Powder Test Completed

Post by WildSnow.com blogger | March 1, 2007      

We’ve got intense avalanche danger today in central Colorado. When the needle creeps into the red zone of ski touring danger, I like to get my fix in lower angled timbered terrain. We got three solid laps in good safe powder today, and what made it special was I was with my friend John Isaacs, the guy who was with me when I got avalanched back in 1982. John was instrumental in saving my life back then, so any time I can ski with him again seems like a gift. He’s a solid mountaineer — you know just about anything could happen and he’d be able to deal with it. Indeed, good partners make for a good, safe day. Lynn was along as well, another solid companion. Thanks guys!

John tests new Colorado pow.
John tests our new Colorado snow.

Black Diamond Verdict backcountry ski
Powder factory.

Backcountry skiing in Colorado
Yep, he’s a mountain man. And yep, that’s wall-to-wall Cloudveil. John wears it well , don’t you think? Skis: Atomic TMX, mounted with Dynafit.

Backcountry skiing in Colorado
And for good measure a rare shot of yours truly, taken by Lynn.


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3 Responses to “Powder Test Completed”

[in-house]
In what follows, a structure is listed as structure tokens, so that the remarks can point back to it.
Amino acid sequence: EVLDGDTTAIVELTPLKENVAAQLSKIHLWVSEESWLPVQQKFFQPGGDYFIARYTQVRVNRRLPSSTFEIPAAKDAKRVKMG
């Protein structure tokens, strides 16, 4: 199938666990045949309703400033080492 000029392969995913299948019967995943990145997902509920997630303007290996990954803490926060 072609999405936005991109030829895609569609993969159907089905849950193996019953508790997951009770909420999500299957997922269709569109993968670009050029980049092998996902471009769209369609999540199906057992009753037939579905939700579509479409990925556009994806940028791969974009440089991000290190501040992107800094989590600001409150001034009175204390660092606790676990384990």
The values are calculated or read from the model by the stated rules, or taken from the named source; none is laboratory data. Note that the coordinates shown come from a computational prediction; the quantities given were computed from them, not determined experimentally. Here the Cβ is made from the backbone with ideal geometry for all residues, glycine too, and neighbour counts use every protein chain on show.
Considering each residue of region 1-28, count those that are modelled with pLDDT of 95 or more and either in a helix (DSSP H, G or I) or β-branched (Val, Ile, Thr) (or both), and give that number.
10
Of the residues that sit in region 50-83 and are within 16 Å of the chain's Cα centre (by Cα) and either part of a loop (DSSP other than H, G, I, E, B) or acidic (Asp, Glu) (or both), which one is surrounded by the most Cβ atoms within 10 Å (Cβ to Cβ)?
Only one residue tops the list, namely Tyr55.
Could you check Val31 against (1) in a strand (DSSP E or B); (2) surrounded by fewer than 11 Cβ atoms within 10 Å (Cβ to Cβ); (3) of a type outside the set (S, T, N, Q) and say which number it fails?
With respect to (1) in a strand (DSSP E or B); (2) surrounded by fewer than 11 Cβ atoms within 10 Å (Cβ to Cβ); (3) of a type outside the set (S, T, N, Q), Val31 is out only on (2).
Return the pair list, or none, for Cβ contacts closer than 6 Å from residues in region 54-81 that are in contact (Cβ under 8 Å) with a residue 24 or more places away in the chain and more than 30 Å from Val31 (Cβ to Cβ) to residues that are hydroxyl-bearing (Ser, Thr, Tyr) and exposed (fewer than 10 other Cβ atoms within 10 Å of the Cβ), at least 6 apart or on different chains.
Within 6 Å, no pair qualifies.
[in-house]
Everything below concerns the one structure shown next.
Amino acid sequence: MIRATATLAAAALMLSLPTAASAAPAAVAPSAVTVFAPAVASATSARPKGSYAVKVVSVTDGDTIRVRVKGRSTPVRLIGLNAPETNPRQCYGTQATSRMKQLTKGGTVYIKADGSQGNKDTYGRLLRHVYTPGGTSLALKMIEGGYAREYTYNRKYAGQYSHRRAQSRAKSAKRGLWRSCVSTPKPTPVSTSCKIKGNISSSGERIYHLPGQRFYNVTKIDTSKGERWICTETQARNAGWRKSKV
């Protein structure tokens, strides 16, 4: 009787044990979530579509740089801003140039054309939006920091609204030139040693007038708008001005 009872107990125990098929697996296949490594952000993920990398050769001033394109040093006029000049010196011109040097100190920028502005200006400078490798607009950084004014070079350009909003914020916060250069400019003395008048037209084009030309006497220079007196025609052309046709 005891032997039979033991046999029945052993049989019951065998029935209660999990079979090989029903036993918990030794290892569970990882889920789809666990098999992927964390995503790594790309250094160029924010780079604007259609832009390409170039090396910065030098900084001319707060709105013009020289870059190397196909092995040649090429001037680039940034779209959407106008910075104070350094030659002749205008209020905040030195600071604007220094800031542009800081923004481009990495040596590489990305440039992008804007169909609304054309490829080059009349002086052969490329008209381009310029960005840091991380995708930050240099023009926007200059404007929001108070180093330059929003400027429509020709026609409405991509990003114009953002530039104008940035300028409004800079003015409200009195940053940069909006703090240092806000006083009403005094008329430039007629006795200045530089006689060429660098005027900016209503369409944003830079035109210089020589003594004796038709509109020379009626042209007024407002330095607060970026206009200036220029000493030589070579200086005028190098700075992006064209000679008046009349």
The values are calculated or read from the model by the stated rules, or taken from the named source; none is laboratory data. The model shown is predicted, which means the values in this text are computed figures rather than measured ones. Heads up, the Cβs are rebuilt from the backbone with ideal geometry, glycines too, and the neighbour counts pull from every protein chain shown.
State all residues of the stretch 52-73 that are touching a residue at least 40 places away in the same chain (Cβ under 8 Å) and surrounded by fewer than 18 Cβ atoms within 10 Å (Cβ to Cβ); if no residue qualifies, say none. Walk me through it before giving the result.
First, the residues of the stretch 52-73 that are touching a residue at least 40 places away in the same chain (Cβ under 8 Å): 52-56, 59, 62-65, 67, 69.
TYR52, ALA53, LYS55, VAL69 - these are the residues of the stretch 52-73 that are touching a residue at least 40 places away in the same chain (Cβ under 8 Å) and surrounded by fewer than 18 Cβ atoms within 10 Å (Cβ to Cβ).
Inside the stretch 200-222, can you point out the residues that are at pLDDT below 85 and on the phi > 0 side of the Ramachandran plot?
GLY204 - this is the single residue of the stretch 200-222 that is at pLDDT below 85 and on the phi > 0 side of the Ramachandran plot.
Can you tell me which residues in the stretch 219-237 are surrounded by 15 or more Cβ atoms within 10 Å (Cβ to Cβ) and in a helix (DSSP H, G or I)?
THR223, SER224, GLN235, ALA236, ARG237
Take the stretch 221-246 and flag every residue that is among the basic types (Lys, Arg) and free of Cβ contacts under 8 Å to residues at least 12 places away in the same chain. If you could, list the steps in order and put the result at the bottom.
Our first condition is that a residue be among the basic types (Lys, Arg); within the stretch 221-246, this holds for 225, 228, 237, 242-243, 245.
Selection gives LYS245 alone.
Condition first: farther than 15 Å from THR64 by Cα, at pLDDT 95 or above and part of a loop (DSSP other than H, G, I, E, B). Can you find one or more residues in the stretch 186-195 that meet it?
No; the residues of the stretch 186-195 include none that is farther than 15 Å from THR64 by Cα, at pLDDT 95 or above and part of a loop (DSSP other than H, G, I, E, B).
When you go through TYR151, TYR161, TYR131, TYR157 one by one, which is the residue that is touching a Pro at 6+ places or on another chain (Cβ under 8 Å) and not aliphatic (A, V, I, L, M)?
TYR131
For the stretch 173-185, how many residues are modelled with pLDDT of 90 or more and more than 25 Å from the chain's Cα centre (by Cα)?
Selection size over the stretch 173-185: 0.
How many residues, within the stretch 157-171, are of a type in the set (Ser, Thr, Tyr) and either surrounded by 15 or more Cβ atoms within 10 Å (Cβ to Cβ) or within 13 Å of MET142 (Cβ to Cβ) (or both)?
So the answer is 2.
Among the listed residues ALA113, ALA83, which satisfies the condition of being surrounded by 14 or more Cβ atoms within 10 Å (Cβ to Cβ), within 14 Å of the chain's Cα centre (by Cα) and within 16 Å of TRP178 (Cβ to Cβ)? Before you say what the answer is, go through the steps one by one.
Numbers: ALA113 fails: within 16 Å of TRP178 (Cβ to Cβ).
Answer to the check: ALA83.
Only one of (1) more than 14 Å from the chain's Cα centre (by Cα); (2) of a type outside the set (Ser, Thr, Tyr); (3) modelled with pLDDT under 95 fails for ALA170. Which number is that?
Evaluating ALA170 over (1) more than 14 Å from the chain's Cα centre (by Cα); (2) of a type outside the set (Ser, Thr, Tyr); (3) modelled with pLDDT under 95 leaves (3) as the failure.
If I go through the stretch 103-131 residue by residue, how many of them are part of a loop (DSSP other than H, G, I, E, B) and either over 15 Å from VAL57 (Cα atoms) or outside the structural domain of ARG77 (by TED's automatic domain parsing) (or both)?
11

1. wick March 1st, 2007 4:46 pm

    Bring your kite ski for fast transportation today! Chilly winds are a blowing!

  2. Carl Pelletier March 1st, 2007 5:10 pm

    A rough day at the office, eh! I was able to get a quick run in before work on the Pass. Report: it was COLD, but at least it was windy. It looks like a mountain squall all day long up there.

    Some scary stuff happening up here recently with movement/slides/rescues. My partner and I dug a pit a few days ago on Mt. Taylor and found an incredible layer of ice about 2-3 feet down. It looks like it might take multiple triggers or one BIG trigger, but when it goes it has the potential to go BIG. Be careful out there folks!

  3. Mark March 2nd, 2007 8:03 am

    Conditions are good, but powder lust beware! Another example of continental snowpack danger: SW Montana just got hammered with 3 feet in places. Big slides could follow.

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